New-home sales in the U.S. rose slightly in August from the previous month but still trail even the dismal pace of last year.
Sales of new homes inched up 0.7% from July to a seasonally adjusted annual rate of 429,000 units, the Census Bureau reported Friday.
August’s sales pace was 4.3% below the same month a year earlier. Last year ended with 485,000 new homes sold, the worst year for new-home sales since 1982 and the third-worst year since the federal government began tracking the data in 1963. New-home sales peaked in 2005 at 1.23 million units.
New-home sales were up 12% in the West over July but down 16% in the Northeast and down 6% in the Midwest; they were unchanged in the South from July to August.
Builders have slashed prices to clear their vast inventories of unsold homes. The new-home median sale price last month was $195,200, down 12% from $221,900 in the same month in 2008.
Fifty-one percent of new homes sold in August cost less than $200,000, up from 46% in July.
Builders also have scaled back construction dramatically, cutting the inventory of new homes to a 7.3-month supply, down 34% from 11.1 months a year earlier. The reduction marks a return to a more normal market: a roughly six-month supply is the historical norm.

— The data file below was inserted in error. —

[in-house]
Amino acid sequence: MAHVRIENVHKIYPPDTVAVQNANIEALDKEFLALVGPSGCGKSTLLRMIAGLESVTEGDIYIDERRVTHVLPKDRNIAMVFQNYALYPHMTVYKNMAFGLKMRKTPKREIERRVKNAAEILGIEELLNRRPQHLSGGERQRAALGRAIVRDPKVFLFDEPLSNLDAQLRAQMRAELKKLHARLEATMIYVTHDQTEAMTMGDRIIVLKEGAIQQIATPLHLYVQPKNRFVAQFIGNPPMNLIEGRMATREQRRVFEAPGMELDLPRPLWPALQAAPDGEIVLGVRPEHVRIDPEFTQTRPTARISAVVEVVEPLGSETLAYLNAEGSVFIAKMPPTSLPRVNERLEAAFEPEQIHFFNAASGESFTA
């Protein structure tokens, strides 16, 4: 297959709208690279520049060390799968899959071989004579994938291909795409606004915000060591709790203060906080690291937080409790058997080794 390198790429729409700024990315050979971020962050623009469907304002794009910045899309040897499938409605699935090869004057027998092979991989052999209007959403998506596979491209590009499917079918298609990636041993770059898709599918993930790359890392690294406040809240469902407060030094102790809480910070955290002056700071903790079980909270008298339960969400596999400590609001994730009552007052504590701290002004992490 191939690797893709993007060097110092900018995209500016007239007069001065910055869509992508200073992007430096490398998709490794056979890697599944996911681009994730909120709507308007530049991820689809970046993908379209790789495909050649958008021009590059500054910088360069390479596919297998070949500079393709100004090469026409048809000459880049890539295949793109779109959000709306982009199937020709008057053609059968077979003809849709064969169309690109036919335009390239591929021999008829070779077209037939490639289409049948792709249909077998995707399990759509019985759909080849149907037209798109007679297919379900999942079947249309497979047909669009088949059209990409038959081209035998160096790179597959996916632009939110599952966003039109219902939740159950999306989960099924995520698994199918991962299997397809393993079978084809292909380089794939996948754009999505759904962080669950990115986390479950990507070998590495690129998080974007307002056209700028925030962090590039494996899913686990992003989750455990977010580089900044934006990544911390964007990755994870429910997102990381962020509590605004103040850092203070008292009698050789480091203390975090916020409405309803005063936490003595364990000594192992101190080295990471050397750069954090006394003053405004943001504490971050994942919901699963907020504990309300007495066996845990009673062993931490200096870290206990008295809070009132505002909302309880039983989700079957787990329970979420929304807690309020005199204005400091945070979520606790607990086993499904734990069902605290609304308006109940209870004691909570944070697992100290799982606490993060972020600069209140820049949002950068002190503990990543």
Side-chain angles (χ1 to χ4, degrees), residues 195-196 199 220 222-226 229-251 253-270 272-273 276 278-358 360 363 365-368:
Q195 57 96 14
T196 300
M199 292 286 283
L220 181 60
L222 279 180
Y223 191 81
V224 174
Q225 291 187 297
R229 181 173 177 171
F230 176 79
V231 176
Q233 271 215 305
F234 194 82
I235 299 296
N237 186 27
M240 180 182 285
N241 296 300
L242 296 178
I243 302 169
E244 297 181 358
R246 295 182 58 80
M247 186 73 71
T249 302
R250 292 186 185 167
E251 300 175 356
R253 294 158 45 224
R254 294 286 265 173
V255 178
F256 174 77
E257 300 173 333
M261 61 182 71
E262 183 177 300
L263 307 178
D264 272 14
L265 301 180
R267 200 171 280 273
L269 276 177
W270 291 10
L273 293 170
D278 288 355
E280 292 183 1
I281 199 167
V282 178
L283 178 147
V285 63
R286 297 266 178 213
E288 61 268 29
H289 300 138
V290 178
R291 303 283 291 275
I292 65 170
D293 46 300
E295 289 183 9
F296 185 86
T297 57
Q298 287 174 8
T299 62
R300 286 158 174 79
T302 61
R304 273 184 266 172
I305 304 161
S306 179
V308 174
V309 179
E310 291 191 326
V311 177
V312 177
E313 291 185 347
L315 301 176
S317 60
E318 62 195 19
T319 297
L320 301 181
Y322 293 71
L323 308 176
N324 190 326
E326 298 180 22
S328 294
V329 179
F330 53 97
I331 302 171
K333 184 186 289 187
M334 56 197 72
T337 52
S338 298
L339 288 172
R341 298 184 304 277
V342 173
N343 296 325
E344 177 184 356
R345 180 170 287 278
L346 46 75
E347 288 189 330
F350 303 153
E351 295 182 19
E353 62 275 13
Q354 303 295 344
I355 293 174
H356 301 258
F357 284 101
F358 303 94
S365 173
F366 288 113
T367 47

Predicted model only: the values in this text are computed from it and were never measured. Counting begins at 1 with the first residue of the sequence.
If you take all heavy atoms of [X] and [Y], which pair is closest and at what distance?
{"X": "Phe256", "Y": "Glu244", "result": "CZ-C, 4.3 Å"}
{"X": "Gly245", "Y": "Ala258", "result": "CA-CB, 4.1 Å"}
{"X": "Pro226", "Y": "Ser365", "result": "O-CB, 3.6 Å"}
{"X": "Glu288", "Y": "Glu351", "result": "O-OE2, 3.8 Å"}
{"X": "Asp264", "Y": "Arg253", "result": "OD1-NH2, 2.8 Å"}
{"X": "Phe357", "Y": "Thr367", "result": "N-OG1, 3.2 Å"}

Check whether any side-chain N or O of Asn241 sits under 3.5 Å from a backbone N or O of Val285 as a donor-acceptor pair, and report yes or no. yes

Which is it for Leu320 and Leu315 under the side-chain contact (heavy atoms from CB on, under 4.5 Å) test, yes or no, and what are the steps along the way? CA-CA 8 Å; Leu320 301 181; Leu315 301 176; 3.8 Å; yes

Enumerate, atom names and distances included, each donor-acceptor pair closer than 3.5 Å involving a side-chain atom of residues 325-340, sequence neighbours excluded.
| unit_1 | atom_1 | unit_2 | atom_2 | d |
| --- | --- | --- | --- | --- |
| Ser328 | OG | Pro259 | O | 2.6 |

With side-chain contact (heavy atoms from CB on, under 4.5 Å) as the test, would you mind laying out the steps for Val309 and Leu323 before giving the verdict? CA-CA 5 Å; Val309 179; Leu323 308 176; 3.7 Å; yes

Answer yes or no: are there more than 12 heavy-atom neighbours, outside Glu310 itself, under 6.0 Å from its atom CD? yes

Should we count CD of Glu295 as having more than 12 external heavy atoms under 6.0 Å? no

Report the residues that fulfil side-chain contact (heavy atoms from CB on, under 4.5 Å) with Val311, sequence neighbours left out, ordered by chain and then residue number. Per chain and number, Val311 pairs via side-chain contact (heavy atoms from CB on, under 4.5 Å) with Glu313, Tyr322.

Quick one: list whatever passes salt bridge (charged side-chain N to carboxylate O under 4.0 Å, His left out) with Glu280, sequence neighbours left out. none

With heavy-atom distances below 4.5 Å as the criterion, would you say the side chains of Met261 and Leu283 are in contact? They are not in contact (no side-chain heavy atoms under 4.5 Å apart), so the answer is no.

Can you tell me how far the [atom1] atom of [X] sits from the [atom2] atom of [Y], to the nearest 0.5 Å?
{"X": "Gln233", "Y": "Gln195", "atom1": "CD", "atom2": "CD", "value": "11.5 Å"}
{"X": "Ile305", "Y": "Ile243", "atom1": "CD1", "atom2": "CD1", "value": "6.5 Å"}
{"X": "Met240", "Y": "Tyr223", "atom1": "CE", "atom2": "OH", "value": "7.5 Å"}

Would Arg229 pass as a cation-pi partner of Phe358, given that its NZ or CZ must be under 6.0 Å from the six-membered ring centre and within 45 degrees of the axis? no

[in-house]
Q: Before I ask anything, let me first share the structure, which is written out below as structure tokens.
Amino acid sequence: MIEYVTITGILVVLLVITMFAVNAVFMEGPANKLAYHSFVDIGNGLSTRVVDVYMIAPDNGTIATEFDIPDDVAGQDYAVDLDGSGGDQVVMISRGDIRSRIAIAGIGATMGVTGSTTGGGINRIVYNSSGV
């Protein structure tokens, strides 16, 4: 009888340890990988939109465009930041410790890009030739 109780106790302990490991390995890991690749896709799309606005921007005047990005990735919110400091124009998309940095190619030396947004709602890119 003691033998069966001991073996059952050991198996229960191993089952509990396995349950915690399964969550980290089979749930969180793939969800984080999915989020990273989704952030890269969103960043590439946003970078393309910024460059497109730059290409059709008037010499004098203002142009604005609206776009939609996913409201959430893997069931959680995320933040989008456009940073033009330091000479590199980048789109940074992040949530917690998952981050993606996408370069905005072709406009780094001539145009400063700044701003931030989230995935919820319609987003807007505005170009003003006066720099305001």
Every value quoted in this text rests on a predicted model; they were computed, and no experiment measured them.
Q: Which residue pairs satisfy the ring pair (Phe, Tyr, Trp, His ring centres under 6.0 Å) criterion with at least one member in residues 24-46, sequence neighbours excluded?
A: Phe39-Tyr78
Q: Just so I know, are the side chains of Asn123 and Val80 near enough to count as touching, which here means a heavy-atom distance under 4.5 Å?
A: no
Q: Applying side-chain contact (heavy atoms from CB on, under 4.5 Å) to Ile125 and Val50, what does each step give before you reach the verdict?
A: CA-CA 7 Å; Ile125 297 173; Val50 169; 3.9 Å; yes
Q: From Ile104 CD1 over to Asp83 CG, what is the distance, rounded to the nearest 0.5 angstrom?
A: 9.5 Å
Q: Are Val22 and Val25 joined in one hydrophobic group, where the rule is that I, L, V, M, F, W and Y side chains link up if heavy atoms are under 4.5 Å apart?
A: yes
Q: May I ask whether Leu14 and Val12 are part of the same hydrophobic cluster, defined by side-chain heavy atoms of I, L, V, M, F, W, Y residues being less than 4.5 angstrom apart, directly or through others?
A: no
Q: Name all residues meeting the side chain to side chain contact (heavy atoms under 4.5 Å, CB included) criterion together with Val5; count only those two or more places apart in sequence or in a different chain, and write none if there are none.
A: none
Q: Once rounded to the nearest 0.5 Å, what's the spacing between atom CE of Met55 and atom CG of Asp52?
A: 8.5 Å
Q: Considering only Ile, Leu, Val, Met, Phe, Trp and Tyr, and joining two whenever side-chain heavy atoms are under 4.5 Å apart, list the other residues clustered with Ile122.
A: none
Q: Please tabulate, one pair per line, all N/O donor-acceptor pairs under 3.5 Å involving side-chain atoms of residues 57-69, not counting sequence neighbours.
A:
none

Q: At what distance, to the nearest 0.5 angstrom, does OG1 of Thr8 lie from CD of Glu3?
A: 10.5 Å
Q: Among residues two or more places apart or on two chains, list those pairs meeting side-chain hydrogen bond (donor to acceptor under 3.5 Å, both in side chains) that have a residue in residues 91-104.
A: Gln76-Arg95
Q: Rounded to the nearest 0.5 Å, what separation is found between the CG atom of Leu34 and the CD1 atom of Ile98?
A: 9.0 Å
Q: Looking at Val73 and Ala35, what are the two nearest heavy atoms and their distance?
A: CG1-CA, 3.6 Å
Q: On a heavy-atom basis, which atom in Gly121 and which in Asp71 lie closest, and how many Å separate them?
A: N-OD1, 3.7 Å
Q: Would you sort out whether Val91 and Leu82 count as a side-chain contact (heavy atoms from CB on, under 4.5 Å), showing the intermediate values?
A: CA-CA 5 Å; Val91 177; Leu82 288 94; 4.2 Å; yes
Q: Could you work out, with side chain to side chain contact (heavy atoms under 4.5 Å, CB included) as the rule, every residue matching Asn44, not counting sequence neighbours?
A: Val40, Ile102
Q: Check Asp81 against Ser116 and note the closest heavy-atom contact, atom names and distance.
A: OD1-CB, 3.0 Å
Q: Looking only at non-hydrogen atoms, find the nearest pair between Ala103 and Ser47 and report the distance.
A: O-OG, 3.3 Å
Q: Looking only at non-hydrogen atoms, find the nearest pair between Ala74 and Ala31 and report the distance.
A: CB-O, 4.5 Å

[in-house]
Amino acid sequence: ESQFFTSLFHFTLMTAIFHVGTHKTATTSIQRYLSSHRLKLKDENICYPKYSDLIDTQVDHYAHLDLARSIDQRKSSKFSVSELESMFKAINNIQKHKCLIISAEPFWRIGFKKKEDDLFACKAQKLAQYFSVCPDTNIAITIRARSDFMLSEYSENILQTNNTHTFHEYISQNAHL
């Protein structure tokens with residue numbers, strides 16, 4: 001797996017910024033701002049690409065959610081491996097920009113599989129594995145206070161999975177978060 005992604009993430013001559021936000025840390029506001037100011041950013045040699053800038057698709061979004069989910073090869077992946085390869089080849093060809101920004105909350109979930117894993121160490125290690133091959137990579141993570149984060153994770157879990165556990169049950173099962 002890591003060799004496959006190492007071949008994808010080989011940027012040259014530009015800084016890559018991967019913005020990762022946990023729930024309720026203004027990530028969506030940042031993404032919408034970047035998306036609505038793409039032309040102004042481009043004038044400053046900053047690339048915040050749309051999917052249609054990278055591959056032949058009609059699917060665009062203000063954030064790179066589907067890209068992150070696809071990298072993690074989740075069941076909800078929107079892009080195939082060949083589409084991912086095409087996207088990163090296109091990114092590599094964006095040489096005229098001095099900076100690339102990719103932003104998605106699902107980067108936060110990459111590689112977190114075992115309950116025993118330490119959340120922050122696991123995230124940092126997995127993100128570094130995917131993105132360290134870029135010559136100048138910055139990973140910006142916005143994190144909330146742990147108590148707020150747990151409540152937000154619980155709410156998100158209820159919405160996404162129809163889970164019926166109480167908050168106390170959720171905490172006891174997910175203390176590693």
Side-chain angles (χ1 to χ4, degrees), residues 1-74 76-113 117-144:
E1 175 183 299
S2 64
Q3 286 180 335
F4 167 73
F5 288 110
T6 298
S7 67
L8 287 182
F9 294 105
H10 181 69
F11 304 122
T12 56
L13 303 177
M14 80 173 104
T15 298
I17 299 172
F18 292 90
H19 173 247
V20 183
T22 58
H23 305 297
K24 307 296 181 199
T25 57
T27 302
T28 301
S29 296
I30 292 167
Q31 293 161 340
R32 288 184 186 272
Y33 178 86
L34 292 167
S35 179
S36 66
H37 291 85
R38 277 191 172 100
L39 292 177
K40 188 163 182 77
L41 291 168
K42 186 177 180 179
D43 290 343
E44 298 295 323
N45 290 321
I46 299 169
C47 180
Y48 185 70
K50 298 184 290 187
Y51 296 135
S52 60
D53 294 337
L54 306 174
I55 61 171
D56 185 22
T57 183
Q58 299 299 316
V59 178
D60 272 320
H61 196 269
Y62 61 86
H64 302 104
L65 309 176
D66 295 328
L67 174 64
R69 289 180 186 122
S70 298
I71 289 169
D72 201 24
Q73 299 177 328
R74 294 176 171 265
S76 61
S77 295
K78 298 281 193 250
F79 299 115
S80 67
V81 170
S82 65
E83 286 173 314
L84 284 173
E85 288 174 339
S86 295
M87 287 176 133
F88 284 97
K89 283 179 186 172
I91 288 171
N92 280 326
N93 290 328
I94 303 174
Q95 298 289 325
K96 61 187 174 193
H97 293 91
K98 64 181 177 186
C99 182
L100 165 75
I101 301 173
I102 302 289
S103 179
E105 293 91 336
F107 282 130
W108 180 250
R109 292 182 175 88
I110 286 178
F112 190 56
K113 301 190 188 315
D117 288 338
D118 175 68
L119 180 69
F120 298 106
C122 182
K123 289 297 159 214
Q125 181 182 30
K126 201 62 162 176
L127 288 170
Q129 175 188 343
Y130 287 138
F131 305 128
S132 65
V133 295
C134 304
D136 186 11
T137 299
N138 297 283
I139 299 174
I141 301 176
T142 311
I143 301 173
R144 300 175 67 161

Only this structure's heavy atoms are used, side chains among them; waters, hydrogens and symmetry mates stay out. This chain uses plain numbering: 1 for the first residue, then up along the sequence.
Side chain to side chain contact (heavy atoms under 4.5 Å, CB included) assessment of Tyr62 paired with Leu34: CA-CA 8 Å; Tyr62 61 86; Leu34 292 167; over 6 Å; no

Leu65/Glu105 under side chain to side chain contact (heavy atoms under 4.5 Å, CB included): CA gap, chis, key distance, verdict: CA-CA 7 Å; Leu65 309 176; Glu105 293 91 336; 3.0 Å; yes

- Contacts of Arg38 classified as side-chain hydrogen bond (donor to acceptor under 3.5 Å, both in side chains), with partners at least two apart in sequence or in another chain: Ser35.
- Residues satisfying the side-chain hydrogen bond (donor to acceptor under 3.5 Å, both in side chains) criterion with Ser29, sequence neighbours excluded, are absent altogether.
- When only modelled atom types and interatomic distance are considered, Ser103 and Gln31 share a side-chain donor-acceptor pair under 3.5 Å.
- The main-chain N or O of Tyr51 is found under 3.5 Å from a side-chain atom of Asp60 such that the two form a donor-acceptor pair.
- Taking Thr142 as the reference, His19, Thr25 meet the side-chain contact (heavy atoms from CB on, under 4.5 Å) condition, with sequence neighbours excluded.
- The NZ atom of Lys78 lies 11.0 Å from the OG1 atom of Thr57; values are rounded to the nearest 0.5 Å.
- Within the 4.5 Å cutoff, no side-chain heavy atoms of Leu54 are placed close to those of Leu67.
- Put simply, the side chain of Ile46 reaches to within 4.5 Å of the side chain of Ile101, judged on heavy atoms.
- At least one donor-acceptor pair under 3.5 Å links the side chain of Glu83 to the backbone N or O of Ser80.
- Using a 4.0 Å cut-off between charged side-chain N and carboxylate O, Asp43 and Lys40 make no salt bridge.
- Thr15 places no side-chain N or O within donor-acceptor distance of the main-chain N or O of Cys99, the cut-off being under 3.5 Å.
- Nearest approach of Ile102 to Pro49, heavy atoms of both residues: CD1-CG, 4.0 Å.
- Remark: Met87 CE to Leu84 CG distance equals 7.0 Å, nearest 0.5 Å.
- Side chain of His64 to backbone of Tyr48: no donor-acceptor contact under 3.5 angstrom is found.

As the new-home market struggles to find a bottom, KB Home, one of the nation’s largest builders, said its revenue for the three months ended Aug. 31 fell 33% to $458.5 million from $681.6 million in the year-earlier period.
The Los Angeles company lost $66 million, or 87 cents a share, in the third quarter. The loss was smaller than the company’s loss of $144.7 million, or $1.87 a share, in the same period last year, but worse than analysts had projected.
Analysts polled by Thomson Reuters were expecting a loss of 58 cents a share on revenue of about $457.9 million.
KB Home Chief Executive Jeffrey Mezger said in a conference call with analysts that “the precise timing of a market recovery remains uncertain,” and that foreclosures and unemployment are the industry’s chief challenges.
“It’s difficult for the housing sector to build momentum as long as potential home buyers lack job security,” he said.